U.S. Air Force B-1B Lancers have flown across South Korean airspace in recent months to warn North Korea. Alaskans say they are familiar with threats from foreign countries, given the proximity to Russia and their experience during the Cold War. File Photo by Tech. Sgt. Richard P. Ebensberger/U.S. Air Force/UPI | License Photo
July 6 (UPI) -- Alaskans are more worried about bear attacks and an ailing local economy than a potential North Korea missile that could reach their state.
In interviews with The Guardian, local residents of "The Last Frontier" said past experience during the Cold War has helped them adjust to the threat of armed conflict.
Robert Church, 45, told the British newspaper he is skeptical of North Korean claims of a "successful" intercontinental ballistic missile test.
"I was surprised they were able to get a missile to actually launch," Church said. "I'm concerned about the threat, but I don't have a lot of confidence in the North Korea scientists making a functional rocket that could reach Alaska."
David Brandt, a local delivery driver, recalled the Cold War years when the state would confront the threats of the former Soviet Union.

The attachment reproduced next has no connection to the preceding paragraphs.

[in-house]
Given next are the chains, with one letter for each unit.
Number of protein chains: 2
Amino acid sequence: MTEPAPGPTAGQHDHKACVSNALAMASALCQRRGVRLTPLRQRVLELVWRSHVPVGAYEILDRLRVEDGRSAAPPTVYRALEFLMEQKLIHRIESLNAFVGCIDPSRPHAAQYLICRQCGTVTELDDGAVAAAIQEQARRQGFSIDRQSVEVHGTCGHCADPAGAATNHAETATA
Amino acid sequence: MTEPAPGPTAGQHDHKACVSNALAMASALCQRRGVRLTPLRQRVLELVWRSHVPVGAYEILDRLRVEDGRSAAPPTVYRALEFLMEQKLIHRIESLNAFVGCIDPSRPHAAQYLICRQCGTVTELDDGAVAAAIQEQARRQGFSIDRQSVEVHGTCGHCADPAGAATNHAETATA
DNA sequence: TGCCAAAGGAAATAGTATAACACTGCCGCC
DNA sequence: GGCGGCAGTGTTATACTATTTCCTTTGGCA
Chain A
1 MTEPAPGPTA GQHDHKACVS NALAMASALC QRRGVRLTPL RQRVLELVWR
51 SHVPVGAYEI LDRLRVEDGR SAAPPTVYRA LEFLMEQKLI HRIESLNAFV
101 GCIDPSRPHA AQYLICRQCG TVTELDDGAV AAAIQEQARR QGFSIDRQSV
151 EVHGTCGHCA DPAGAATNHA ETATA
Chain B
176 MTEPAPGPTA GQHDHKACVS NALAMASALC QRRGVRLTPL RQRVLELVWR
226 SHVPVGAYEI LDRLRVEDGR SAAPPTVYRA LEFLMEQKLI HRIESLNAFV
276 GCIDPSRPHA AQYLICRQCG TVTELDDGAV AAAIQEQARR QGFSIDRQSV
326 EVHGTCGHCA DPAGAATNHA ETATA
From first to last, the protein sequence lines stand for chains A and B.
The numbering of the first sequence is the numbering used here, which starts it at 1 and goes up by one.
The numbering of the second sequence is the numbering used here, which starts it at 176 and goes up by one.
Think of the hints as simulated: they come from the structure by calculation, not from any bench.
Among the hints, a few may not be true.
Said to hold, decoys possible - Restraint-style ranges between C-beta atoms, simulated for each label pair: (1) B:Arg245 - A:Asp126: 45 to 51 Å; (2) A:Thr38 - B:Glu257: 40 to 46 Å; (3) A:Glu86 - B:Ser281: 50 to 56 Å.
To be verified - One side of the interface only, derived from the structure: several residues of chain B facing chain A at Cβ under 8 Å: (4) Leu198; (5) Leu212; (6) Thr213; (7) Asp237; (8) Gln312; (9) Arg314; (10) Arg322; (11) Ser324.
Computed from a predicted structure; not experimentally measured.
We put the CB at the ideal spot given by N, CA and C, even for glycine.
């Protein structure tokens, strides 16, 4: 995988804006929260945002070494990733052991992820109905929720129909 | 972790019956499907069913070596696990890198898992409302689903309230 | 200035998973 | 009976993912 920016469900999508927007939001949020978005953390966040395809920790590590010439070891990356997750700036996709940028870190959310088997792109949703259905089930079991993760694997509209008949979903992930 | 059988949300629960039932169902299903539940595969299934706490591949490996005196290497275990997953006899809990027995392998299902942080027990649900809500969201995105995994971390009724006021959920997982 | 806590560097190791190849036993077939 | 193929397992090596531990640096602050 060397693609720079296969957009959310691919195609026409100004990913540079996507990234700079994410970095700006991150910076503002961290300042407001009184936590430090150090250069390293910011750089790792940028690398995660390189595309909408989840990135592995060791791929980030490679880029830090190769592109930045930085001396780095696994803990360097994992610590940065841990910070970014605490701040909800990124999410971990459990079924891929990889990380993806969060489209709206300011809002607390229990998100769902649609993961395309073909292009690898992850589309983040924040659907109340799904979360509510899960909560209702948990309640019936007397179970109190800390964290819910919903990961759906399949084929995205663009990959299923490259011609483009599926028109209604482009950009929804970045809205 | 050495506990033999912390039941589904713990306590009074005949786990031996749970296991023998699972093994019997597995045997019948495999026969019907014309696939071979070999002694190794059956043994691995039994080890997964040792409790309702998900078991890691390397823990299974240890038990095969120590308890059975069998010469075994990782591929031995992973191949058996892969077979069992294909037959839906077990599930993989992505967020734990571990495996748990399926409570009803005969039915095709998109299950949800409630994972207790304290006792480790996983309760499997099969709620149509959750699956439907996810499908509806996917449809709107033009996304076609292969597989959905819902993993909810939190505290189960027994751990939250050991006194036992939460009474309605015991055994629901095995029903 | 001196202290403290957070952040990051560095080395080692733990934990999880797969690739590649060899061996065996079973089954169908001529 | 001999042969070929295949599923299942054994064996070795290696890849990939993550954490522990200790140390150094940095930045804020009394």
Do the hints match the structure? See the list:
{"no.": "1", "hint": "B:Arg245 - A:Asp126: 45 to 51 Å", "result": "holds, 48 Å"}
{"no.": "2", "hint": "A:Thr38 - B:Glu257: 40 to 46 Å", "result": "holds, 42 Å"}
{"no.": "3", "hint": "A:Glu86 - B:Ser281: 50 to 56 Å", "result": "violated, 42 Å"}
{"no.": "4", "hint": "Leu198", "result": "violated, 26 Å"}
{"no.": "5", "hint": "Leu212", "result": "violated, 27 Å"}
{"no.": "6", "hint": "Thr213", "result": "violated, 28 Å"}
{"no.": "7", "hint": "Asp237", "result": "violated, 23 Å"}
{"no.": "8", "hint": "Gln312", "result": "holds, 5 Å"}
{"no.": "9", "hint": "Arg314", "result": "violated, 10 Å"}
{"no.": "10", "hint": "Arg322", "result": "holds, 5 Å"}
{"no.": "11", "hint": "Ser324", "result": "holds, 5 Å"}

"The Russians would come and we'd chase them off...we'd scramble some planes," Brandt said.
Alaska's politicians, however, tell a different story in their public statements.
Gov. Bill Walker has said North Korea's missile provocations mean there is a need to "expand armed forces" in Alaska, and to add a strategic Arctic port.
"Given our proximity to growing foreign powers, and this week's test, that need is now more urgent than ever," Walker's office said in a statement.
International concerns are growing North Korea could have the capability for nuclear warhead miniaturization.
Olli Heinonen, the former deputy director-general for safeguards at the International Atomic Energy Agency, said Pyongyang could be already have miniaturized nuclear warheads in their arsenal.
Other analysts see North Korea's claims of a successfully tested intercontinental ballistic missile as a defense posture, not a sign it is preparing to attack outside forces.
David Kang, the director of the Korean Studies Institute at the University of Southern California, writes in The New York Times nuclear weapons are being used as a form of deterrence.
"They are designed to ensure the survival of the country and the regime," Kang writes.